Video games as explicit means of peace education do not form an established genre in the gaming world. But, some games have been developed that reward peaceful means of conflict resolution and penalize violent behavior. For example, the video game Civilization tasks the user with building a thriving civilization from the ground up, but the user is penalized if major violence and riots occur in the user’s civilization. The 2007 video game PeaceMaker, tasks the user with taking one side of the Israeli-Palestinian conflict and implementing a peaceful two-state solution, all the while being challenged by realistic events occuring during the user’s play.

A short video on PeaceMaker

In what context can video games for peace be used in learning? What type of lesson plan can be used with the goal of peace learning in mind? One possible context is for these video games to be integrated into the computer classes present in primary and secondary education. Simple point-and-click mini-games, which reward win-win situations between the user and computer intelligence and penalize aggressive behavior, can demonstrate peaceful ways to deal with conflict and are appropriate for users with relatively basic computer skills. These games can be used by educators to reward excellence and progress in computer classes, and since they are cheap and easy to produce, can be integrated into existing computer literacy programs. Certain classes in the social sciences could play a short video game that explains peaceful methods of conflict resolution and challenges students with finding the most peaceful solution in relations between people and groups of people. Students with advanced computer skills could play role-playing games, such as Civilization and PeaceMaker, in classes, clubs, and camps. In all these examples, it is essential for the educator to review the rewards-and-penalties systems existing in the game and prompt the students to reflect on how these games simulate decision making in conflicts.

Implementation of a lesson plan using video games is hampered by two problems: a lack of resources and a lack of pedagogy. Many education systems do not have computers available for student use aside from special computer literacy courses or lack adequate computer labs for students to use in this lesson plan. The use of video games geared for peace in a school curriculum could face problems in implementation because video games are often associated with laziness and distractions from education, rather than a form of education itself. Peace education through video games would receive less criticism in being implemented if educators demonstrated the success of other interactive games in teaching educational topics and assisting core curricula.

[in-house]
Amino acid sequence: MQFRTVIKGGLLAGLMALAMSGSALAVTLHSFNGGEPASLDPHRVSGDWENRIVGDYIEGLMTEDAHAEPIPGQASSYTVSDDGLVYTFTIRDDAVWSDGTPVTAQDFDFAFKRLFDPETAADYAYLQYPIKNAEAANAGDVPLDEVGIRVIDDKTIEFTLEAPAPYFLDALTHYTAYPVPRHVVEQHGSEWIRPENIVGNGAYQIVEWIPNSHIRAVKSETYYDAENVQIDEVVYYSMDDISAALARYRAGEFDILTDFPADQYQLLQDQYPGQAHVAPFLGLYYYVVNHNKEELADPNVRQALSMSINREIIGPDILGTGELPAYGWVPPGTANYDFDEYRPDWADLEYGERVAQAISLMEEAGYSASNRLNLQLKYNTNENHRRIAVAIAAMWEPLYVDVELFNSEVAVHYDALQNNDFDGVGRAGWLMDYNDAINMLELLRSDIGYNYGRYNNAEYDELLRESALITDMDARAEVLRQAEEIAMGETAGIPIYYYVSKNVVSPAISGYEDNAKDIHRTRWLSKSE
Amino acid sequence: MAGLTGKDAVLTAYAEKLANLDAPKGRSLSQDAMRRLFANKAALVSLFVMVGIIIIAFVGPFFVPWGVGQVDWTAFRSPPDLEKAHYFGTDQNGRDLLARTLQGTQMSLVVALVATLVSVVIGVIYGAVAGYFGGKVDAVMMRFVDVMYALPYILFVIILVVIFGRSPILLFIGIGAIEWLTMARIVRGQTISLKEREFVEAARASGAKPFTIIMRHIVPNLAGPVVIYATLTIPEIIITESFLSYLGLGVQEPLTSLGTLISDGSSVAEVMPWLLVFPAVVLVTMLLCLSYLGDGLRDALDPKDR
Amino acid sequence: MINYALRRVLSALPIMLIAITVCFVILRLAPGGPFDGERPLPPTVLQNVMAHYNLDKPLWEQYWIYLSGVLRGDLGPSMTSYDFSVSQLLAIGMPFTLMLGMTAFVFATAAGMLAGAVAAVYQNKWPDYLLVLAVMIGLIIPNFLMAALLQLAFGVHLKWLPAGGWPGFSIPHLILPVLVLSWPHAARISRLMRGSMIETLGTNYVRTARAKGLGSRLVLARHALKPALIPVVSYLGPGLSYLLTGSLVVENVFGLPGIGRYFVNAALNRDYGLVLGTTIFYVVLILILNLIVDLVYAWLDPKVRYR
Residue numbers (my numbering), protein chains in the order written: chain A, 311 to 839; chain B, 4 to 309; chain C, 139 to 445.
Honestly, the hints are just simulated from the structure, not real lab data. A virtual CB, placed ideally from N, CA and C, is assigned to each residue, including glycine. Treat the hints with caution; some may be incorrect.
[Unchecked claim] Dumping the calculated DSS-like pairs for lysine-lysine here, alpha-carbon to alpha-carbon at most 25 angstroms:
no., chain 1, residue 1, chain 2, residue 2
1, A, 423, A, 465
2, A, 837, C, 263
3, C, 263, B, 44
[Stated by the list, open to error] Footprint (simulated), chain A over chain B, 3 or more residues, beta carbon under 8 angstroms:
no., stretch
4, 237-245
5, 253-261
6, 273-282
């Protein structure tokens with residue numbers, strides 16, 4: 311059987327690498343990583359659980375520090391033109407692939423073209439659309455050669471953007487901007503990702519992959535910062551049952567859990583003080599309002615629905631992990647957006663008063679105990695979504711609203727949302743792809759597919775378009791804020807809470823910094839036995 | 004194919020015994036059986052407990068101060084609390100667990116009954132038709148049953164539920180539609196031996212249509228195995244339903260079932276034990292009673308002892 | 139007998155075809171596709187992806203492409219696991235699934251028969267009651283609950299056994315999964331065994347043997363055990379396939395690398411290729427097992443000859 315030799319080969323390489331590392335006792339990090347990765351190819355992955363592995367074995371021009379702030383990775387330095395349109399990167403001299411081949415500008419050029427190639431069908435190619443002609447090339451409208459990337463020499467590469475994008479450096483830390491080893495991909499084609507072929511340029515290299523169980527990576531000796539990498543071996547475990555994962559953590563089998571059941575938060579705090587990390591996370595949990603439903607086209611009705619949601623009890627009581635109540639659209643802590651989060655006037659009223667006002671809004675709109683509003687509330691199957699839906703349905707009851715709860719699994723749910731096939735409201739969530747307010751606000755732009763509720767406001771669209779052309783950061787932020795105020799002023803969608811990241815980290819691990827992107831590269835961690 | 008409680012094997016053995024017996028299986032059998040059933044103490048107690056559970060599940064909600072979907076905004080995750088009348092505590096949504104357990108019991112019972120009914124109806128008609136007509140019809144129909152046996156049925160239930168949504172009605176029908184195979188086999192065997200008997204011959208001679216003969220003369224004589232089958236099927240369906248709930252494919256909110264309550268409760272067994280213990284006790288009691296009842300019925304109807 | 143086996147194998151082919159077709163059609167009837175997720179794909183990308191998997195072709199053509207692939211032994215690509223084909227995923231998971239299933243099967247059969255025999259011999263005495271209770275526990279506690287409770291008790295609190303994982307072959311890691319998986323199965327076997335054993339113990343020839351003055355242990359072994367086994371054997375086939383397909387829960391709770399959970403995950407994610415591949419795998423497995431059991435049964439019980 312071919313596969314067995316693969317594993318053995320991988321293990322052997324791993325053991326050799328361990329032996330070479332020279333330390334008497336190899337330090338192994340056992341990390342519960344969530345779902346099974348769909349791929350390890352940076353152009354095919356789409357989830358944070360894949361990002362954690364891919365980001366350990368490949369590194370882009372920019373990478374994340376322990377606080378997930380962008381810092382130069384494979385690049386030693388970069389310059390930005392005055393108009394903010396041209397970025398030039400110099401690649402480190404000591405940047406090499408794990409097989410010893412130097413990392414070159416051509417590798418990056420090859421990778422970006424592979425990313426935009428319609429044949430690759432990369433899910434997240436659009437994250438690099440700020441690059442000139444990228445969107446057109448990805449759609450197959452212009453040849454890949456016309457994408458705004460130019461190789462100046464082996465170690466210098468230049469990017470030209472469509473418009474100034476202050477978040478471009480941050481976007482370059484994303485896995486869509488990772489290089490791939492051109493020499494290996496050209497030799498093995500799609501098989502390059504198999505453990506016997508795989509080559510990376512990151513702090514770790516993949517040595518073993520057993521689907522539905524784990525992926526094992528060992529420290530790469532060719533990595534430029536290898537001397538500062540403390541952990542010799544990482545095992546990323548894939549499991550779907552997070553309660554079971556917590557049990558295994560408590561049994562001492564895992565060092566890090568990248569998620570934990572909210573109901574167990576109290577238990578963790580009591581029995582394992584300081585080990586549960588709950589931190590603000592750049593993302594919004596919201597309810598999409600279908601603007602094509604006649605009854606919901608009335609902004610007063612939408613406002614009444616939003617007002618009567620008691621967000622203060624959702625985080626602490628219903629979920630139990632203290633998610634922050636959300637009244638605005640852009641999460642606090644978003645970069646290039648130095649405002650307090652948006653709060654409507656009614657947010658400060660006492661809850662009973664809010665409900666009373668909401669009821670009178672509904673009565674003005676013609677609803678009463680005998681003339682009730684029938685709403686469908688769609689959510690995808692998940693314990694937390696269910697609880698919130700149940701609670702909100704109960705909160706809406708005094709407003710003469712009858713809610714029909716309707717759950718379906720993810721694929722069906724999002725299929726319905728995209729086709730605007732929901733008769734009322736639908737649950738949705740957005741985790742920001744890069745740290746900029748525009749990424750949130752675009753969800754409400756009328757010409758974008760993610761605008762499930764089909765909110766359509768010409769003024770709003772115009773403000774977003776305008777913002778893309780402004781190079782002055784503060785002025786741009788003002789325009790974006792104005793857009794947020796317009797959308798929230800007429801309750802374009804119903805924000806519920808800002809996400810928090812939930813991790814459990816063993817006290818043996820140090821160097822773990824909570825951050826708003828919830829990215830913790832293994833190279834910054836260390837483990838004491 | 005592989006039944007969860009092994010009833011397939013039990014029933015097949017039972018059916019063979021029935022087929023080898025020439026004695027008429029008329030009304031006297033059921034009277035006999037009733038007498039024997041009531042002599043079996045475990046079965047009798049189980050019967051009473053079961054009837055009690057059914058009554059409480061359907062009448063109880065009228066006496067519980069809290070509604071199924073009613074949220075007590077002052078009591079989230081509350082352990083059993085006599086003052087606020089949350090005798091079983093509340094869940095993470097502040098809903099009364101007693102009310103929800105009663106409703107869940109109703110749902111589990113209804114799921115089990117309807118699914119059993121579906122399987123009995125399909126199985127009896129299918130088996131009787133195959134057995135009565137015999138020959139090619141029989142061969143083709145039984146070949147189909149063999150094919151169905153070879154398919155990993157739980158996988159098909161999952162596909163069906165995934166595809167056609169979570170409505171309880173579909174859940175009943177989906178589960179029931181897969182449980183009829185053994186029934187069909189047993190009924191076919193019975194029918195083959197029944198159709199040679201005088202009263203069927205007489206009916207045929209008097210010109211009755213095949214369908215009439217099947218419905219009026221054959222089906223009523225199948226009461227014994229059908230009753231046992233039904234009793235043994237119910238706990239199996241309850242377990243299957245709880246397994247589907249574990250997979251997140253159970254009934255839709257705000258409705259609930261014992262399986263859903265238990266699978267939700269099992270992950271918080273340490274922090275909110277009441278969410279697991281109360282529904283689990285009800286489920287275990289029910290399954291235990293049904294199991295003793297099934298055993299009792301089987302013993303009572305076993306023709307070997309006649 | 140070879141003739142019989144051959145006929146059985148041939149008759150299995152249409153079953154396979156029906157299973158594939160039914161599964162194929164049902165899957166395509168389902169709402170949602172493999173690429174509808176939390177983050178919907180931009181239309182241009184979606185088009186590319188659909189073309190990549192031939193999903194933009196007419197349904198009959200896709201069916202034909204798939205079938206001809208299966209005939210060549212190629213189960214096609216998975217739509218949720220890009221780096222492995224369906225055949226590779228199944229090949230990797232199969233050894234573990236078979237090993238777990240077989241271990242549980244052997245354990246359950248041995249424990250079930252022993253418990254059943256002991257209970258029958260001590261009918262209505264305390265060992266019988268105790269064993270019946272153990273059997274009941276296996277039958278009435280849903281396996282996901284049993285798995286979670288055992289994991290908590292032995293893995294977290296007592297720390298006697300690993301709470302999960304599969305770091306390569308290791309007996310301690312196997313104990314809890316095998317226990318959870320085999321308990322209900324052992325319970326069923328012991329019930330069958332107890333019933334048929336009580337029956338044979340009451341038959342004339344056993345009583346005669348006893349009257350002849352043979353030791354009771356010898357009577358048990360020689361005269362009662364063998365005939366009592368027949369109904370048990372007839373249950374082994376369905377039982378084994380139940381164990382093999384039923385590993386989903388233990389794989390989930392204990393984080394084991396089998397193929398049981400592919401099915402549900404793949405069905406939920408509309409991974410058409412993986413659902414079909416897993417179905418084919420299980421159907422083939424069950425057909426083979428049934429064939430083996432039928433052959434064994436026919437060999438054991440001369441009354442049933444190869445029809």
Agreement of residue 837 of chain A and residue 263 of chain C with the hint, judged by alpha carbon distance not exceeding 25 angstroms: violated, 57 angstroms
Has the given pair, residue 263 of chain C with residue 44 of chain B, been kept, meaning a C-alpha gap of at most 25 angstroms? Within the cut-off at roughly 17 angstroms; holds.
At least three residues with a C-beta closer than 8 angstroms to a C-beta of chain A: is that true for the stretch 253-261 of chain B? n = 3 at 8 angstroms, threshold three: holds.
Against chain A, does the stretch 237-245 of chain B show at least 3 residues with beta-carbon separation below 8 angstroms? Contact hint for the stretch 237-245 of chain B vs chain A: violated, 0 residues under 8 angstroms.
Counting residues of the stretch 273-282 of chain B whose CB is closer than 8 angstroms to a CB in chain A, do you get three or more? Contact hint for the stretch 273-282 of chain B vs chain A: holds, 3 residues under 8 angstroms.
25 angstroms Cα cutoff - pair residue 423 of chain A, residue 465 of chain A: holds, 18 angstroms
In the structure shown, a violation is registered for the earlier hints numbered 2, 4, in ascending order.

Video games can be used as an educational resource for peace. Video games designed specifically for demonstrating and rewarding peaceful solutions to conflicts can be integrated into existing educational settings and can fit into larger lesson plans on conflict and peace. Peace educators can use video games as a way for students to explore peace in an accessible environment and apply peace education topics to simulated conflicts.

(1): These three games, (Call of Duty: Black Ops, Mortal Kombat and L.A. Noire), are noted by the Entertainment Software Rating Board for blood, gore, and intensive violence.  The best-seller rating comes from a CNBC article.

Useful Links:

Antony Adolf article on peace-based video games

PeaceMaker video game official website (can be purchased for download)